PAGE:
Read the full article here. For more on judicial selection, see an ACSblog video interview with Justice at Stake Executive Director Bert Brandenburg on Caperton v. Massey, a 2009 Supreme Court decision on judicial conflict of interest referenced in the op-ed.

  • January 25, 2011
    Guest Post

    This post is part of an ACSblog symposium marking the one-year anniversary of the landmark decision in Citizens United v. FEC. The author, Elizabeth B. Wydra, is chief counsel for the Constitutional Accountability Center. CAC filed an amicus brief in Citizens United with the League of Women Voters.
    It has been just over a year since a 5-4 majority of the Supreme Court ruled in Citizens United v. Federal Election Commission that corporations have a constitutional right to spend unlimited amounts of money from their general treasuries to influence our Nation's elections. With President Obama scheduled to give his State of the Union address tonight, it is also, of course, one year since the President spoke out against the Citizens United decision (and in return got the infamous headshake from Justice Samuel Alito).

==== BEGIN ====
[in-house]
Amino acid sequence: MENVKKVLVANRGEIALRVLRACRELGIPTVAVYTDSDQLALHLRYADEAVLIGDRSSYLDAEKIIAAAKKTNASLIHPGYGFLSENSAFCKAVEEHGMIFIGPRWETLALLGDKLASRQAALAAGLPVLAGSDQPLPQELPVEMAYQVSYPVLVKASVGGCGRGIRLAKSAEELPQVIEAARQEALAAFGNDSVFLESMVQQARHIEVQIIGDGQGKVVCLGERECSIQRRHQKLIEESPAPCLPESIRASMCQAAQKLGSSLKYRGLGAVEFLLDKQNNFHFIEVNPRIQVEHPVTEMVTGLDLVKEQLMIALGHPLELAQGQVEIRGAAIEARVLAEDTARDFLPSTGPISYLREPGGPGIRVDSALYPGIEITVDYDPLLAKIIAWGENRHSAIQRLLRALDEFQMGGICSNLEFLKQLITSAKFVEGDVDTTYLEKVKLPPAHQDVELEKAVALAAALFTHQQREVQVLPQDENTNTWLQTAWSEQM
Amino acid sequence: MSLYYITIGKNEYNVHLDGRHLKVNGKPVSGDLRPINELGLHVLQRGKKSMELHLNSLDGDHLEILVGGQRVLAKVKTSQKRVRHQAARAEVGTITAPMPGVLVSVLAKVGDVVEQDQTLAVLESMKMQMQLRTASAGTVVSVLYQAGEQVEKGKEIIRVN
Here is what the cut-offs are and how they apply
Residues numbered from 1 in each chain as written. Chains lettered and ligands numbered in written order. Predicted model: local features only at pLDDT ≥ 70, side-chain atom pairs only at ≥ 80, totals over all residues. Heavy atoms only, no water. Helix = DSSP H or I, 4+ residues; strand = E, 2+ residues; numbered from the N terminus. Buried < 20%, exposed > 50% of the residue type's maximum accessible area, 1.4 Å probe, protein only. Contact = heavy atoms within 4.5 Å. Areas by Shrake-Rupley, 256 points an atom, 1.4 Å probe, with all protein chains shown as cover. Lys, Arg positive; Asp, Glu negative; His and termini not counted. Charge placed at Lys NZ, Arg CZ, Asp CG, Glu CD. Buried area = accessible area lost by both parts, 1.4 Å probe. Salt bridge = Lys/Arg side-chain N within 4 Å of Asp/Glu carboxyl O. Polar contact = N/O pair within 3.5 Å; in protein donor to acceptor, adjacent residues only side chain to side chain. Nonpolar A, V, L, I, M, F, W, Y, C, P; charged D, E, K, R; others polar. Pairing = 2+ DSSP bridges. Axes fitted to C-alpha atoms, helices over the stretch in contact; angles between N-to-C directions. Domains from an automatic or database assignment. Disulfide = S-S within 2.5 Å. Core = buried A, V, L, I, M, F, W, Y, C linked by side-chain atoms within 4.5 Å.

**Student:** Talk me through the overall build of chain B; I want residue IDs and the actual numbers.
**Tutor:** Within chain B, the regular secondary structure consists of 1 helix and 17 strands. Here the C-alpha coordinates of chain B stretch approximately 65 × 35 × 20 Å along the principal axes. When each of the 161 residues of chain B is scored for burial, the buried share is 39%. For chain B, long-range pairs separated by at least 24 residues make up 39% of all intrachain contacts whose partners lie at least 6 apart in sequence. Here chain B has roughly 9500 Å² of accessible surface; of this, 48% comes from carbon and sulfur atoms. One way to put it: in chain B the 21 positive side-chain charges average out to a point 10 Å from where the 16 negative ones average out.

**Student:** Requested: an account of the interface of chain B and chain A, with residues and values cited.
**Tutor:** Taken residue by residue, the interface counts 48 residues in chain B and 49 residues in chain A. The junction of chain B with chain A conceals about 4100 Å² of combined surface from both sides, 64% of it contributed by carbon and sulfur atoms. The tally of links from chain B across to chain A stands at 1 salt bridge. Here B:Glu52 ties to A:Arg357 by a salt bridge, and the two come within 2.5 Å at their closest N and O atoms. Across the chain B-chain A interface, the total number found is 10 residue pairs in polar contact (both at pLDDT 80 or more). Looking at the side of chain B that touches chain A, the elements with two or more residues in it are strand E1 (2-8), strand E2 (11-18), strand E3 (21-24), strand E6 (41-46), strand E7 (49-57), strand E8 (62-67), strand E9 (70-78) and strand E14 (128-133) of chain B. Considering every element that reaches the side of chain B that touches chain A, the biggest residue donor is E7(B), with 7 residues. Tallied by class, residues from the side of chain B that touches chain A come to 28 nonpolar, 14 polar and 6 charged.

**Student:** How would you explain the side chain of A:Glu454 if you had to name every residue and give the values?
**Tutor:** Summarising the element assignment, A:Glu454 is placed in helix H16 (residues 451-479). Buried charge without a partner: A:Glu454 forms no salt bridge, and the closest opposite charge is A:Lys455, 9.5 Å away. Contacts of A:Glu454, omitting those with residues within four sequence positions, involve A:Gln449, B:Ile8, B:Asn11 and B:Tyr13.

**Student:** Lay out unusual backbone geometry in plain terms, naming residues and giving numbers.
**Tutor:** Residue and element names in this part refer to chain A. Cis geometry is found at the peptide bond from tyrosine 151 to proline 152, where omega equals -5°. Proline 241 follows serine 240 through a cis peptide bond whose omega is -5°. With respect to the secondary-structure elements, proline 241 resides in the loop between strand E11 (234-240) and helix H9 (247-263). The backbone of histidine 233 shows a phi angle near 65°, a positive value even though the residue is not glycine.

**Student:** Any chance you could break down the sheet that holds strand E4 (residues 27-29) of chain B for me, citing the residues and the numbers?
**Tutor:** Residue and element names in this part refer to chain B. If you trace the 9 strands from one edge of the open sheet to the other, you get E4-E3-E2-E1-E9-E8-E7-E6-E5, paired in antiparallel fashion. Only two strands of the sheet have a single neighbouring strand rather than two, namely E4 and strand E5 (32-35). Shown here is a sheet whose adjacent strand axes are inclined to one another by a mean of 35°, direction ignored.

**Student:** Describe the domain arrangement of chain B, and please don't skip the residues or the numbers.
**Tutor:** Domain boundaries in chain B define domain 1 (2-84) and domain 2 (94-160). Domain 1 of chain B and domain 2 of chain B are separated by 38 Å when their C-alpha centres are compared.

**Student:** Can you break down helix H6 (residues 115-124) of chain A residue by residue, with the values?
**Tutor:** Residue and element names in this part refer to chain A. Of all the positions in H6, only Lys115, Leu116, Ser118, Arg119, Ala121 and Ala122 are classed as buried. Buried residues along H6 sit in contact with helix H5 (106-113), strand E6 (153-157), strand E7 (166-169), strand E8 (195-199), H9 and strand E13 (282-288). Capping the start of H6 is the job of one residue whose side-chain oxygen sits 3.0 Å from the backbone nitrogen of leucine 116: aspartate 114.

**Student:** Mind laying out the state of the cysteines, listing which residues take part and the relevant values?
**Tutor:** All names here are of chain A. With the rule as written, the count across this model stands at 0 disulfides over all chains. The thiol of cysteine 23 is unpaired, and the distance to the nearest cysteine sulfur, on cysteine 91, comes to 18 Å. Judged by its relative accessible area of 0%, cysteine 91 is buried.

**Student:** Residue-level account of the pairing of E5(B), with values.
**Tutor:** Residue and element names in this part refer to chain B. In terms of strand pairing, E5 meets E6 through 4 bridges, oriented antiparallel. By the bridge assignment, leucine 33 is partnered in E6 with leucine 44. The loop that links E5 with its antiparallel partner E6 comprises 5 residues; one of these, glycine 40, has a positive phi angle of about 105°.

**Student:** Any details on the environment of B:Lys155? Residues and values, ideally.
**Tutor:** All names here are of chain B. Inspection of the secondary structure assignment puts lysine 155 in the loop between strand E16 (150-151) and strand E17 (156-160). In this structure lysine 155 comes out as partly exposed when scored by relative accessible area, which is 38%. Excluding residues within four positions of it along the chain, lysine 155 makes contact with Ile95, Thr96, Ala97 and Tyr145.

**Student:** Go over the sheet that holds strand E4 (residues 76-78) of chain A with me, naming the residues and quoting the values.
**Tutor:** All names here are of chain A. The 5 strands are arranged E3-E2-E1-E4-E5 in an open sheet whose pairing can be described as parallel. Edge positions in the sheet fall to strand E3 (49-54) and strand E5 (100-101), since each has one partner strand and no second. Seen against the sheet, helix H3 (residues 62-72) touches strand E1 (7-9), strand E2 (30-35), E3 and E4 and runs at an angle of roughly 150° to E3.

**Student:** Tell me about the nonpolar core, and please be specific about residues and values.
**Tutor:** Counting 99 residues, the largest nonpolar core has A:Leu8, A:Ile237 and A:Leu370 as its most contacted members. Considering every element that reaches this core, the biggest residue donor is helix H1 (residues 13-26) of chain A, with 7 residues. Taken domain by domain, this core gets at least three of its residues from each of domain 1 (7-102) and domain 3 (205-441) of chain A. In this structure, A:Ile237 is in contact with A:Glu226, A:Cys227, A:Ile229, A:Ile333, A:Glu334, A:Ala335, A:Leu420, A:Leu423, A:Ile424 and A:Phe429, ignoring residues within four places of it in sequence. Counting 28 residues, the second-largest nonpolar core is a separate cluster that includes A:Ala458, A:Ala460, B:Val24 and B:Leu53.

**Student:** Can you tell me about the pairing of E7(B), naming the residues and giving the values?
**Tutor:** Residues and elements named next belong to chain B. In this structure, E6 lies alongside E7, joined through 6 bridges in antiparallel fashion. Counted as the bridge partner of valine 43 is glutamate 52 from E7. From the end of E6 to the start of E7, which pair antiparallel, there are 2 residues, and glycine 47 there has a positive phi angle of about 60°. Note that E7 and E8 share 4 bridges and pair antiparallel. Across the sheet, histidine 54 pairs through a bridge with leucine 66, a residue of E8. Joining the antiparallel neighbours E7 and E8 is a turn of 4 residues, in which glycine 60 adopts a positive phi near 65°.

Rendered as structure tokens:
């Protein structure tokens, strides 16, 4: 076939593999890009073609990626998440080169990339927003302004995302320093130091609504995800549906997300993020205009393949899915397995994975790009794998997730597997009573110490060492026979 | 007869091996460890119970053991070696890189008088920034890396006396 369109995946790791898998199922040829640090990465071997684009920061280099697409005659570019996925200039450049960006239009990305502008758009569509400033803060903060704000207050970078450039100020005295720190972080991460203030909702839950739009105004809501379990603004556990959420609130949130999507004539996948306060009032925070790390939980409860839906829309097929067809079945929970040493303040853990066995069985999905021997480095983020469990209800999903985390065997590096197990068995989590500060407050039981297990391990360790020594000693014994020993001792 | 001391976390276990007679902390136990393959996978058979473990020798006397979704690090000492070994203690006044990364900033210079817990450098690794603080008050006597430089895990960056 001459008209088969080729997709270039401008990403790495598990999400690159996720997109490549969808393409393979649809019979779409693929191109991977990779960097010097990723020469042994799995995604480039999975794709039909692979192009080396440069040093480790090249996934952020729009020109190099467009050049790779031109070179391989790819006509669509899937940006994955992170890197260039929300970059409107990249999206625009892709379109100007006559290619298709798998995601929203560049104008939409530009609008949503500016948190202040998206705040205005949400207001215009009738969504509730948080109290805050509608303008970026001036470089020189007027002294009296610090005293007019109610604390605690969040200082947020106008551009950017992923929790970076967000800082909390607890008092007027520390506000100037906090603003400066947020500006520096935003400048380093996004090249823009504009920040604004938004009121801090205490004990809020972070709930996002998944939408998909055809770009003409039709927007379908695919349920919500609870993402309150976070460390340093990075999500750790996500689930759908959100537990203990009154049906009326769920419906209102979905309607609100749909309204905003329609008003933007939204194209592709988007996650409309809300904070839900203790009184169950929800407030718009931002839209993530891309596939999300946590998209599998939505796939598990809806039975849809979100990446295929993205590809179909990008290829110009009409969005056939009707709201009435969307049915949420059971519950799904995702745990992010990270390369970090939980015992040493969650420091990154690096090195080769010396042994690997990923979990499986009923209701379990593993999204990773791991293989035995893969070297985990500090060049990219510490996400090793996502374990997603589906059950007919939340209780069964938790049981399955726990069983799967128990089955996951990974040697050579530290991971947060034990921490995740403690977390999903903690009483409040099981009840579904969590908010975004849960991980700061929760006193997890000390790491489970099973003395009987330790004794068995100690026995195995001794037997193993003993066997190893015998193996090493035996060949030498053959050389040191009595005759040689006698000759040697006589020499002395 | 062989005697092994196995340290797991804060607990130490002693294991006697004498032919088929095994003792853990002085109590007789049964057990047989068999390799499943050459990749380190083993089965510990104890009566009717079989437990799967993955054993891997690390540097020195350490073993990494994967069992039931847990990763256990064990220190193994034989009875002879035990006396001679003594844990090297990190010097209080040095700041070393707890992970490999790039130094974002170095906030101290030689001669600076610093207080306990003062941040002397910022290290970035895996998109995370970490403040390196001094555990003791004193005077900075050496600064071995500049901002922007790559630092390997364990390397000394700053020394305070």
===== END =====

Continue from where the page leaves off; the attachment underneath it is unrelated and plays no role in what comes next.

The American people were with Obama last year, and it appears that, a year later, the American people still agree with the President's denunciation of Citizens United. According to a new poll, "[f]ully 79% of voters support passage of a Constitutional amendment to overturn the Supreme Court's decision in the Citizens United case and make clear that corporations do not have the same rights as people." The problem of corporate money in the political system was made far worse by Citizens United, to be sure, and "We the People" might indeed need to amend the Constitution to right the wrongs wrought by the Supreme Court's decision. But the fundamental problem of Citizens United - the idea that artificial corporate entities enjoy the same constitutional rights that living, breathing human beings do - doesn't come from a defect in the Constitution that requires a correction. It stems instead from the Court's conservative majority's fundamentally flawed view of the Constitution and corporate personhood.

    As detailed in a Constitutional Accountability Center report entitled "A Capitalist Joker: The Strange Origins, Disturbing Past and Uncertain Future of Corporate Personhood in American Law," Citizens United and its view of corporate rights cannot be squared with the Constitution's text and history or with Court precedent.

  • December 7, 2010
    Guest Post

    By Ian Bartrum, Professor of Law, Drake University Law School